Here's another forest story. It happened in the winter. Far away, in the forest, lived the Wood Goblin. Right next to him, in the swamp, lived Kikimora. He knew that Kikimora was the most beautiful of beauties among the forest creatures. Somehow, before Christmas, Wood Goblin decided to marry Kikimora. But Kikimora gave him a wet and cold shoulder, as he was too scary-looking.
Then the Wood Goblin thought up a tricky thing. Out of swamp ice he made a magic mirror in which everything beautiful and good looked wicked and terrible, and everything ugly and horrible was, on the contrary, made to look beautiful. The Wood Goblin looked at himself in the mirror and almost fell in love with himself, that’s how handsome he became.
“Why do I need Kikimora now”, he thought. “Give me princess Maria!” He turned around and was off. The mirror remained in the middle of the thicket, distorting everything that it reflected.
Nearby, on the edge of the forest, there lived an old man Сrawley with his wife Panaska. Although Panaska was not young, she was still good at housework and everything else. So, before Christmas, she sent Сrawley off into the woods for a Christmas tree.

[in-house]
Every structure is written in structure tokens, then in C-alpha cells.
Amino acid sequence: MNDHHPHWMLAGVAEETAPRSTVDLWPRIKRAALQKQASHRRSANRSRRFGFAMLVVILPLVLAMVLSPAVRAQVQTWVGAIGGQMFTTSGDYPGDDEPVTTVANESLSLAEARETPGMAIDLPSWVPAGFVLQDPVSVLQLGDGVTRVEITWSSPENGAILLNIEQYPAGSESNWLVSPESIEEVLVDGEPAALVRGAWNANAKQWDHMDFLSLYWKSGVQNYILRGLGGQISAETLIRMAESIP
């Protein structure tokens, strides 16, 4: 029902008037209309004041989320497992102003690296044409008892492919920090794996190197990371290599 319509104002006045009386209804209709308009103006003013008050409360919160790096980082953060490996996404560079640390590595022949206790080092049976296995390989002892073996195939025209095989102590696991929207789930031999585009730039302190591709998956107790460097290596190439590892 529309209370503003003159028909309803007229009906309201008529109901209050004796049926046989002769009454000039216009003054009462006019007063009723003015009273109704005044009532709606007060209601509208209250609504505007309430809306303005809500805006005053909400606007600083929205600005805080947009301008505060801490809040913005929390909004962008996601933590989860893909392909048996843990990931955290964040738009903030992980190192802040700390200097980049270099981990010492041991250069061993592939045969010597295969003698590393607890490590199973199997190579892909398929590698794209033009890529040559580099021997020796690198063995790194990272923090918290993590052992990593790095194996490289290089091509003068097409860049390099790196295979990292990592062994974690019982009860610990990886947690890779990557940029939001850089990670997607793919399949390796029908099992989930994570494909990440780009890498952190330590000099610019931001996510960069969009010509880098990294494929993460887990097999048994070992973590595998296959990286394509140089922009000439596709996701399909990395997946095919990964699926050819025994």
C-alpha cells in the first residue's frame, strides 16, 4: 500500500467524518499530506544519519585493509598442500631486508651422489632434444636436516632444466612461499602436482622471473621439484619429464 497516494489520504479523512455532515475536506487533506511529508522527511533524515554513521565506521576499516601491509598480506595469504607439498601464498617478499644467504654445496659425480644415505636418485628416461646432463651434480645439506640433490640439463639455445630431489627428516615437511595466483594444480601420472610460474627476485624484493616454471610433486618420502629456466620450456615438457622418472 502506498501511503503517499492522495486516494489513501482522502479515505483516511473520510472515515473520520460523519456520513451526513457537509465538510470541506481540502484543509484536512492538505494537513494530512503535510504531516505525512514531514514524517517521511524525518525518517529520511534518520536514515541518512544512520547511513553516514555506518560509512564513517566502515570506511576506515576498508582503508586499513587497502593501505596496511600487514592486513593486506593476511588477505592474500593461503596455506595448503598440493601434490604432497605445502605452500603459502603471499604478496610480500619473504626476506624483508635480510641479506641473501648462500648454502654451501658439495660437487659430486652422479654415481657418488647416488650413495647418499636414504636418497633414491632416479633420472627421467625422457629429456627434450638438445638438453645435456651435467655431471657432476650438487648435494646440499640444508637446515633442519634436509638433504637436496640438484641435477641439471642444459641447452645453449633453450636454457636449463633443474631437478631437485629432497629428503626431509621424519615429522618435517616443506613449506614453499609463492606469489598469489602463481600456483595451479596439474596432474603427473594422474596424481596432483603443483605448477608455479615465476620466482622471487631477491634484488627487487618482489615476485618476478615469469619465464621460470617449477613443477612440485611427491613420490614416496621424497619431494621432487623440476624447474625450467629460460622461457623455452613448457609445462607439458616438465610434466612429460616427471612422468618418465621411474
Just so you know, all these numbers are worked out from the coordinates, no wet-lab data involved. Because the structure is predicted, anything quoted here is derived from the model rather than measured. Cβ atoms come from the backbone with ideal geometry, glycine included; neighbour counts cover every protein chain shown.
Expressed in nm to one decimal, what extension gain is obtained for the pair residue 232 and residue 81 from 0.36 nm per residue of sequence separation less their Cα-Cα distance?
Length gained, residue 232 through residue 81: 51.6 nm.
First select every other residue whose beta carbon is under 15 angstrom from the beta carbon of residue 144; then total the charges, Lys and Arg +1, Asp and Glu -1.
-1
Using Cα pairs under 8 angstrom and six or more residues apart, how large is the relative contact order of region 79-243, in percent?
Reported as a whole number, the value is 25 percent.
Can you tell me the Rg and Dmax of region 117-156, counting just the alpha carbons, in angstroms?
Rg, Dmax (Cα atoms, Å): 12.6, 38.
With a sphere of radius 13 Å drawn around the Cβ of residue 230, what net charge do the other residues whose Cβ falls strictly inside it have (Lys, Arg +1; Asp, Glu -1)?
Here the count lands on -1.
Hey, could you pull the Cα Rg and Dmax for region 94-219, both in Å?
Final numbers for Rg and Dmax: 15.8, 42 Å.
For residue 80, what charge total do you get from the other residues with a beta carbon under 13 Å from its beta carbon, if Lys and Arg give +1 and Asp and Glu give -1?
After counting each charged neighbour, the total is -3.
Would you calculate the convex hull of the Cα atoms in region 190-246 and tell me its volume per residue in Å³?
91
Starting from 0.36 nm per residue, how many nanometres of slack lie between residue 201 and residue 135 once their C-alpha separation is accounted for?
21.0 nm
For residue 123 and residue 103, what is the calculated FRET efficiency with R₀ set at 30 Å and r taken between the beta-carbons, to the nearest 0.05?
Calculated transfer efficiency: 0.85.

For a long time Сrawley wandered through the forest, trying to choose a tree. One was curved, the other – low, another one had crooked branches, and another was bent to one side, but in the thickets of the swamp he found a suitable one. He cut down the Christmas tree, threw it on the sledge, and went home.
Suddenly Сrawley saw un ugly face staring at him from under the hummock, horned and shaggy, terrible as death itself. Сrawley’s hair turned grey with fear. It turned out to be the ice mirror that Wood Goblin made, but Сrawley did not recognize himself in it. Well, he was not easily scared, he grabbed an axe, and crushed the mirror.
The mirror scattered into thousands of pieces. One piece hit Сrawley in the eye, another – in the heart.